November 30, 2015

Community-health evaluations reap greater success when grant makers use a participatory approach



For underrepresented communities especially, partnering with grantees makes sense, says CCHE’s Maggie Jones.

by Maggie Jones, MPH, evaluation services manager at the Center for Community Health and Evaluation (CCHE), Group Health Research Institute

Evaluations are stronger when they engage the people they are meant to influence. That was the message of a panel discussion that I participated in this summer at the Grantmakers for Effective Organization’s 2015 Learning Conference. The conference brought together 300 leaders in philanthropy to discuss how partnering leads to better results.

Maggie Jones, MPH

I was joined on the panel by Susan Zepeda, president/CEO of Foundation for a Healthy Kentucky, who blogged about the session, and Maddy Frey, director of evaluation at the Healthcare Georgia Foundation. Both foundations—with whom we at CCHE have partnered for many years—share our commitment to engaging key stakeholders in evaluation efforts.

We talked to the audience of grantmakers about how they could increase the relevance and usefulness of their evaluation efforts by engaging their grantees throughout the evaluation process—from initial planning to disseminating the results.

Participatory approaches improve evaluations by getting input from all key stakeholders. Grantmakers and grantees work in partnership to measure the impact of community health improvements. The model differs from the more traditional top-down process in which grantmakers dictate the measures for grantees' reports. Susan and Maddy talked about their foundations’ efforts to embed a participatory evaluation approach into their grantmaking processes. They both noted that this approach has helped create stronger relationships with their grantees—because it demonstrates respect and value for the grantee perspective—and made evaluation results more meaningful to both their organizations and the communities they are supporting.

Whys and hows of participatory evaluation

Participatory evaluation is particularly valuable when working with underrepresented communities that are usually the subjects of the evaluation rather than partners in the evaluation. Being part of the evaluation helps grantees feel ownership and enthusiasm about the process, especially if they are receiving timely and actionable information about how they can improve their work and track their progress over time. Engaging grantees in evaluation also helps build their evaluation capacity and can model how to use data to demonstrate results and drive improvement. However, achieving these goals means overcoming challenges that we discussed in our session. Examples we discussed with the audience include:

  • Participatory approaches take longer. In designing initiatives, grantmakers need to allow sufficient time to have genuine engagement from grantees. A funded planning period can help facilitate participation without losing the opportunity for baseline data collection.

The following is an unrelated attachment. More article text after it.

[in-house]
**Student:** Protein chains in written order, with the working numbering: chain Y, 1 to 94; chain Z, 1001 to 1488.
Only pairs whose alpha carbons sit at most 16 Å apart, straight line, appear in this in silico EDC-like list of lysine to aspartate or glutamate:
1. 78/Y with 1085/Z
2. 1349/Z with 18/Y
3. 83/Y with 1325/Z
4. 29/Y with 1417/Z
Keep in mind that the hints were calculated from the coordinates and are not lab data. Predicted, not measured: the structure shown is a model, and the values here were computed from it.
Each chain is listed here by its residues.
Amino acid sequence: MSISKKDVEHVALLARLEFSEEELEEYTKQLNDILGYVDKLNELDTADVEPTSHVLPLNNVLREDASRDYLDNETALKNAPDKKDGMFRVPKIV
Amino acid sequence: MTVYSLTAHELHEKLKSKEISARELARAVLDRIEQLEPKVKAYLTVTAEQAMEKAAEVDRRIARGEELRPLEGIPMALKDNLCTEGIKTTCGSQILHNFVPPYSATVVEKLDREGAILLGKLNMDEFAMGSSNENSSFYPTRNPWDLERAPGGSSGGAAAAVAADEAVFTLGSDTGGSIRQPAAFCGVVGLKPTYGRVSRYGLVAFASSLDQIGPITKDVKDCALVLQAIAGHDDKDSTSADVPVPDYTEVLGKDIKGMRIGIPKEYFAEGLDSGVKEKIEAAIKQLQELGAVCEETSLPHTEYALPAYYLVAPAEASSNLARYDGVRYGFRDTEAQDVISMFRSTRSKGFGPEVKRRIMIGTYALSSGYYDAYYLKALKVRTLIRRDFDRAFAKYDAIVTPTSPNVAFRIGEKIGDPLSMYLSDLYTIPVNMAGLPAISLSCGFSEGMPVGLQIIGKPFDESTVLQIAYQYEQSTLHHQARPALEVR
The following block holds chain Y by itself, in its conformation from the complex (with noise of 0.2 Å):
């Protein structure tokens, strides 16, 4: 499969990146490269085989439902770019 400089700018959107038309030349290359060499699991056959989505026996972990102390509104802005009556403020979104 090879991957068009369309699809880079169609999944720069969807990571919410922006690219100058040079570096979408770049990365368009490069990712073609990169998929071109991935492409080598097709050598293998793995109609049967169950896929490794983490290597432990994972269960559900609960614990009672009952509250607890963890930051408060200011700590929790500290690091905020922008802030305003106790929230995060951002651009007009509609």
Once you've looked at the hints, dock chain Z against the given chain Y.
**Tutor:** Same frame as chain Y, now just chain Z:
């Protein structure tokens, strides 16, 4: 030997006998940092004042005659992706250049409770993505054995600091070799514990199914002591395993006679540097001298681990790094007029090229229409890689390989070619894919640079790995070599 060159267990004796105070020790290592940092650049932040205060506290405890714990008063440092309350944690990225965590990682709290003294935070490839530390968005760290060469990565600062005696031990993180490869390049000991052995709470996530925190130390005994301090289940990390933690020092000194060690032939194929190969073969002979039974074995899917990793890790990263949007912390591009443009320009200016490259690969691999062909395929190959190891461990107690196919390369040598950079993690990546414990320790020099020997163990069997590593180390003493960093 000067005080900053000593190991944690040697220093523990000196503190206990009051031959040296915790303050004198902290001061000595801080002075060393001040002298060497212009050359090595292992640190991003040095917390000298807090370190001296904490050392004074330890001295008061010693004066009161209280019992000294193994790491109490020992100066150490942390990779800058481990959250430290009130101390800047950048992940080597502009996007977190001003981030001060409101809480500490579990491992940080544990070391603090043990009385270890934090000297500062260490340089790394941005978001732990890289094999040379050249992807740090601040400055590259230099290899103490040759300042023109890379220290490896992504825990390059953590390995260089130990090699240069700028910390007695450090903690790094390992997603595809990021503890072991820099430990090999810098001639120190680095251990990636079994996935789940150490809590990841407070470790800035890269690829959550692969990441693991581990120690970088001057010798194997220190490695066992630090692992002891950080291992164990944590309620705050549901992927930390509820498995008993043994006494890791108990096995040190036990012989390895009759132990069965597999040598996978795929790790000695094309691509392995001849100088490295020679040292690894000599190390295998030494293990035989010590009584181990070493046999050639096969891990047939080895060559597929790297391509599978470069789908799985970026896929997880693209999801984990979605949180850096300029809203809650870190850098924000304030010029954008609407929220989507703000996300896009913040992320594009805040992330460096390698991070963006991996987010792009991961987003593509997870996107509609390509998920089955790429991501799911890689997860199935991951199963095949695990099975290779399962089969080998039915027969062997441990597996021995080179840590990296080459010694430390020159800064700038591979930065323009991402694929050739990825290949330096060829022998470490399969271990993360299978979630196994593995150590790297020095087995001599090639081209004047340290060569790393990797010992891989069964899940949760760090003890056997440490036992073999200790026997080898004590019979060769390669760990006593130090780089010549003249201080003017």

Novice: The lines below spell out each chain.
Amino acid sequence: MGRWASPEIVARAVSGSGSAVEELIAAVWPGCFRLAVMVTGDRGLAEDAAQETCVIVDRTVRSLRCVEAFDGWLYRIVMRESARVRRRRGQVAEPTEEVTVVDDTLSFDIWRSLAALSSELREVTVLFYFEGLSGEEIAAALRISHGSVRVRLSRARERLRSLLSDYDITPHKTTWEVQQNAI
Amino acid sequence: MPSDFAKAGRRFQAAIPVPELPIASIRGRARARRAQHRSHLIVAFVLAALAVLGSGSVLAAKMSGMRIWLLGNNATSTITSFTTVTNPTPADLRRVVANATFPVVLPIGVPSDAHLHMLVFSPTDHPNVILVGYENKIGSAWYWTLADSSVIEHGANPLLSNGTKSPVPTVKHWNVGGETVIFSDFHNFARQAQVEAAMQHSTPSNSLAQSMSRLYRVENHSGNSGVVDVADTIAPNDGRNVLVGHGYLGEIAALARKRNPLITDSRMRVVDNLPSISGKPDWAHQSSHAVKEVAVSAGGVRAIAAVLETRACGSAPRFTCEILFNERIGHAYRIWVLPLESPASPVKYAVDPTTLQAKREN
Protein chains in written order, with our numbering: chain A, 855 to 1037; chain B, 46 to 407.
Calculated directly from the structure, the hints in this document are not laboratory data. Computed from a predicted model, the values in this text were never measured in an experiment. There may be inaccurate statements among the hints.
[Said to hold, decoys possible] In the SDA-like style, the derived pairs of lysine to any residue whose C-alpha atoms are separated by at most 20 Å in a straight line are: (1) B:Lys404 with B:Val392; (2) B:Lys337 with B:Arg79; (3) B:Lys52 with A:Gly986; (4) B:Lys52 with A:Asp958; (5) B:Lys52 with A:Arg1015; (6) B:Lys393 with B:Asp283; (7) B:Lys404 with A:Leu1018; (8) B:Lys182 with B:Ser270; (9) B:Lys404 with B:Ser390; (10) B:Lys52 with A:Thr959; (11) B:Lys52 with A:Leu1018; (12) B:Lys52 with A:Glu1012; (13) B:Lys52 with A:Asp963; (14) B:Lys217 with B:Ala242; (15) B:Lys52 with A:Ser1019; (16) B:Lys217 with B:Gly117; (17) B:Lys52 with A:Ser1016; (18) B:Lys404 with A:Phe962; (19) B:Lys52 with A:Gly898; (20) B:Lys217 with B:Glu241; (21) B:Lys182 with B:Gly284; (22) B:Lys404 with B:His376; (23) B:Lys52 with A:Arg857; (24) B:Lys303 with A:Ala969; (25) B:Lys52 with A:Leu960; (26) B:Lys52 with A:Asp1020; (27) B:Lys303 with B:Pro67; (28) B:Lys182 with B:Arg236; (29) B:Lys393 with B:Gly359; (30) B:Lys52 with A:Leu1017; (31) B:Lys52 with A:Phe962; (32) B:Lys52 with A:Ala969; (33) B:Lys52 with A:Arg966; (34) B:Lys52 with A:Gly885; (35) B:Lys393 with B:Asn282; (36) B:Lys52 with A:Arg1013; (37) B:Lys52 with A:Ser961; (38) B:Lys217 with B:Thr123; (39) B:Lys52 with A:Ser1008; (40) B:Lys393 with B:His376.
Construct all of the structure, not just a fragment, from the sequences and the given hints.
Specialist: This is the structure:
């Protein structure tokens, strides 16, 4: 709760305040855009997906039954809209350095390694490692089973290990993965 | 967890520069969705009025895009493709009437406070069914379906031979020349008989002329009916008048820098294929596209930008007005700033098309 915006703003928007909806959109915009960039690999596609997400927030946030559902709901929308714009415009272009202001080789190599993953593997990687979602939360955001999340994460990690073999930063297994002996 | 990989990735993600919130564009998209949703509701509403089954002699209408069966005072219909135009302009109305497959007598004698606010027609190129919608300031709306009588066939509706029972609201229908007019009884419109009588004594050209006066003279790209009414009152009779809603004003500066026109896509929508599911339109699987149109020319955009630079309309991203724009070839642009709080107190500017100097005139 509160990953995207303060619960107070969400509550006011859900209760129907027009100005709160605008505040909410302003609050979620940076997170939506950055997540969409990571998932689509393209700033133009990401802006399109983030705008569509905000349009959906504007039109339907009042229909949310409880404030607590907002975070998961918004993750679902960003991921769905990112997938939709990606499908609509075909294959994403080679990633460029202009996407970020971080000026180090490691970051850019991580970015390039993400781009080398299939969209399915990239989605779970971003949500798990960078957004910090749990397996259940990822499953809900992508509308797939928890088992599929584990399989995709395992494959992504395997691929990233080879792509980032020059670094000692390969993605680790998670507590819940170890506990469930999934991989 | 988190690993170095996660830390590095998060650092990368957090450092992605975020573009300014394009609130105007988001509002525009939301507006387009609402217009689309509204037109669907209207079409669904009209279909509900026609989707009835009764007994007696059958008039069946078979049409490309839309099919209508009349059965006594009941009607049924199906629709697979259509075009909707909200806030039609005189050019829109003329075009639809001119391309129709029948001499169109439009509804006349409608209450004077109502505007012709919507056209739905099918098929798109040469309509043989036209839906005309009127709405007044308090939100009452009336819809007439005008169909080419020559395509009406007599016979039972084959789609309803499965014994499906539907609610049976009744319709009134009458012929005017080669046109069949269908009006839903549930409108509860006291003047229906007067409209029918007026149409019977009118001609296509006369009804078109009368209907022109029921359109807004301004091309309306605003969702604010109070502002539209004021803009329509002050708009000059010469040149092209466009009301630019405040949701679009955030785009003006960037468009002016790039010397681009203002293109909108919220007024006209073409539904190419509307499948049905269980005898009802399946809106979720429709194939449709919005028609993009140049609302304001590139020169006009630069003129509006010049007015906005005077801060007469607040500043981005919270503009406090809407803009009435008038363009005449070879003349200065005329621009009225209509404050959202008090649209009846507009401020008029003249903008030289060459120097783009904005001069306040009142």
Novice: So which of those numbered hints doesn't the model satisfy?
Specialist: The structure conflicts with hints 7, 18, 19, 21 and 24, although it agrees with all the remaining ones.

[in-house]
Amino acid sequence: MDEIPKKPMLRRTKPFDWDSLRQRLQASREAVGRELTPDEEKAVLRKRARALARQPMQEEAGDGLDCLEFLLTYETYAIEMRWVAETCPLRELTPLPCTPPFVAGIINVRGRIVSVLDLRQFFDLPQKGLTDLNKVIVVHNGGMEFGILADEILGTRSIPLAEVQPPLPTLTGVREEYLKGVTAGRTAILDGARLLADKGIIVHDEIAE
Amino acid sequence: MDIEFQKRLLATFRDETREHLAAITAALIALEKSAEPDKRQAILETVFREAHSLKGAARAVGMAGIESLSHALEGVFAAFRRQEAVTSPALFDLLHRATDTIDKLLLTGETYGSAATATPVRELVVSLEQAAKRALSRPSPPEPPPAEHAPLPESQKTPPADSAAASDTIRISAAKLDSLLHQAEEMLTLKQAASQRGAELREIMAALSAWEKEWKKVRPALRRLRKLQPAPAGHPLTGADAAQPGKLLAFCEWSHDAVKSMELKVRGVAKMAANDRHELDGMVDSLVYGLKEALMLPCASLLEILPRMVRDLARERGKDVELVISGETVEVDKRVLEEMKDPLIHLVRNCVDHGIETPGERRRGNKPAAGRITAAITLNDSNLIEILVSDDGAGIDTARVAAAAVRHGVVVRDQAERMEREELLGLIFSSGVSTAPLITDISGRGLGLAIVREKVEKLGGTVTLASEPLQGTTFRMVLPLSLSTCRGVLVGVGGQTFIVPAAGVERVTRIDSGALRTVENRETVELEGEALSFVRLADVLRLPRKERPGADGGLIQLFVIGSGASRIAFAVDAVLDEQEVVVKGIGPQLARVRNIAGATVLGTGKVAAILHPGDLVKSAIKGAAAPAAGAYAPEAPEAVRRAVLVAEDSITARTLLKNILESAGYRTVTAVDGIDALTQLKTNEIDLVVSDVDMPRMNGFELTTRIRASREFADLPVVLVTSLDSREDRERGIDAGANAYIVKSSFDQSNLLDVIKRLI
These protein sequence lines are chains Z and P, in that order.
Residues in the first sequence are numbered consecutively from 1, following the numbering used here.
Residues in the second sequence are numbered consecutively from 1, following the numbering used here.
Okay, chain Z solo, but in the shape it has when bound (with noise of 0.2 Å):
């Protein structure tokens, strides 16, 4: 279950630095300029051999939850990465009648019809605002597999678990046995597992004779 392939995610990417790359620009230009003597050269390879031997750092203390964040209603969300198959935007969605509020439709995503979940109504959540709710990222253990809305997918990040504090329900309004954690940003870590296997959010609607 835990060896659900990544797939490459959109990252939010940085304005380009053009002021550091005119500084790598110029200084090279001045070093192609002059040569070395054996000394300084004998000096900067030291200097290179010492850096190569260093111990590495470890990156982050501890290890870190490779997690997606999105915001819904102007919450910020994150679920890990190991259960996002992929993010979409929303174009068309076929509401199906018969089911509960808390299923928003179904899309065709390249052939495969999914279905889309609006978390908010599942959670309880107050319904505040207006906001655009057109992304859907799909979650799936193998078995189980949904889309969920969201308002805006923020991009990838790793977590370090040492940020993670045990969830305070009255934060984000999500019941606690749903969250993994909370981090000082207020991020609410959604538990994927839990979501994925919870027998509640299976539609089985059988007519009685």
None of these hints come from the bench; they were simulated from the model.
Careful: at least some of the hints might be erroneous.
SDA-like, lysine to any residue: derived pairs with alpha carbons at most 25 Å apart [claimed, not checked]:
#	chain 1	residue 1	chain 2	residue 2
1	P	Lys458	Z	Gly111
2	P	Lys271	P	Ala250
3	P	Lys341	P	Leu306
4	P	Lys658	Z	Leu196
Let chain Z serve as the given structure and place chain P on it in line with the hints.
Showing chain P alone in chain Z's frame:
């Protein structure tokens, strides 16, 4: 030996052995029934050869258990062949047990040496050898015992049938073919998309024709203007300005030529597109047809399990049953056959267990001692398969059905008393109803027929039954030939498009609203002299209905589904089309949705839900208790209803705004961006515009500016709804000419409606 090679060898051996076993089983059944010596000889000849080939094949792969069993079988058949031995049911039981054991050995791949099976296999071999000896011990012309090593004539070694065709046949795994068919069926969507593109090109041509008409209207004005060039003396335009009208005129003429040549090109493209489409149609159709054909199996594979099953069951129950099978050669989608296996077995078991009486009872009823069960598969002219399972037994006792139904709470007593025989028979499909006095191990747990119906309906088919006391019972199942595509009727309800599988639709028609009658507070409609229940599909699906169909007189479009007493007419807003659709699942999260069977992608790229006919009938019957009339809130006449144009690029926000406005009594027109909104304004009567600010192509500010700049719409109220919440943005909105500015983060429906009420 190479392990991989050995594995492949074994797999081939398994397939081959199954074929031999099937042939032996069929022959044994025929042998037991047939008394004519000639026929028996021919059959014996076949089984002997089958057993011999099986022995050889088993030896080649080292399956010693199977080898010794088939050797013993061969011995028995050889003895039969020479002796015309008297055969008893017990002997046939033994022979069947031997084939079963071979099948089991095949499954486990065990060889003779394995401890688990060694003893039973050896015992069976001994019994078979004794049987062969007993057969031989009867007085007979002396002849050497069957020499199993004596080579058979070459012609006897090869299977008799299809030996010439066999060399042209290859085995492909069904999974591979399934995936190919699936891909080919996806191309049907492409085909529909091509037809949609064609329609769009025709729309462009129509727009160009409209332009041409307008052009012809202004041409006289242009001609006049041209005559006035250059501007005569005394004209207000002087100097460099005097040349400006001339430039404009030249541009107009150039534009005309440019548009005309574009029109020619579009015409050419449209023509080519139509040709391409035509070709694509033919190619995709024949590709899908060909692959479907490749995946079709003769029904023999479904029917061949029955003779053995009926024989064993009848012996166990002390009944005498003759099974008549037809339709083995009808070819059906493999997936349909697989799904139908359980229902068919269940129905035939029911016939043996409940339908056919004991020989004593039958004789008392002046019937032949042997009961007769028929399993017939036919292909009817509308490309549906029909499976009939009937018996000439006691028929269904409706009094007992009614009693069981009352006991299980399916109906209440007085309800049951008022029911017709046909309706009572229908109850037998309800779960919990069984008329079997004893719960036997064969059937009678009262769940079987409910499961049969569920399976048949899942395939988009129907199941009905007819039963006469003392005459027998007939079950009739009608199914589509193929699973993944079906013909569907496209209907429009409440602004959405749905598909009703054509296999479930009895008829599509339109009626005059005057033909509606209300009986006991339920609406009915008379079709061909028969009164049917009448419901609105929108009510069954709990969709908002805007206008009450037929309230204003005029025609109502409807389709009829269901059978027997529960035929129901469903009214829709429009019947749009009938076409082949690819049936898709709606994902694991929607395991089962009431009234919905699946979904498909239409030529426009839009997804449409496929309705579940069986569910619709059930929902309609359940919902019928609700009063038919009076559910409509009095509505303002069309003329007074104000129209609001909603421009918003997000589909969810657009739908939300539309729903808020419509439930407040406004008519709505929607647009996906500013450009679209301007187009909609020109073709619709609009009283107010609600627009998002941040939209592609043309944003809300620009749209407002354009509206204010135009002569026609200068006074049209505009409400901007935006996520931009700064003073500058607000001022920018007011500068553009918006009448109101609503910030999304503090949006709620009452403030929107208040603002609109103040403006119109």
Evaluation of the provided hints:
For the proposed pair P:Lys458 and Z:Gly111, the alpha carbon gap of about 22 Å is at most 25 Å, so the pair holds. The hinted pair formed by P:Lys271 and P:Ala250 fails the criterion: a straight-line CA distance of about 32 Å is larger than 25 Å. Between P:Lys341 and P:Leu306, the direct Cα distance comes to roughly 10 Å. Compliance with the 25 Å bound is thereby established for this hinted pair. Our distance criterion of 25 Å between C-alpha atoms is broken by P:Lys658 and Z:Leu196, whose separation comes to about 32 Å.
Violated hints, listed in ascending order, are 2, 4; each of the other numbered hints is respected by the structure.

• This model requires trust and candor between the grantmaker and grantees. All partners must be transparent and honest about what information they need and what is feasible. This partnership model may be new for grantees, so grantmakers need to communicate expectations and process clearly, reassure grantees that their input is valued, and demonstrate that grantee feedback is being used. This level of partnership requires time to develop given the inherent power dynamics between grantmakers and grantees.

CCHE’s role in large-scale funding initiatives is to serve as the evaluation partner for both grantmakers and grantees. As a third party, we can engage both parties in candid conversations that they may not be able to have with each another given their power dynamics—particularly at the outset of a new initiative. We are committed to participatory approaches to evaluation because we believe it enables our partners to have a greater impact on their community. Here’s how:

  • Participation in the evaluation design leads to shared ownership of and commitment to the evaluation.
  • Ownership and commitment lead to better quality data from the grantmaker and grantees because the measures are appropriate, relevant, and useful.
  • Better quality data leads to a more robust evaluation.
  • A more robust evaluation increases the likelihood that the results will be trusted and used to drive improvement and document achievements.
  • Programs and investments that make continual improvements are more effective and will have more of a positive impact on their communities.

Our mission is “to improve the health of communities through collaborative approaches to planning, assessment and evaluation.” A participatory approach is critical to our ability to meet our mission. We are fortunate to have partners—like my co-panelists—who share our commitment to using evaluation to increase the impact of investments on the health of our communities.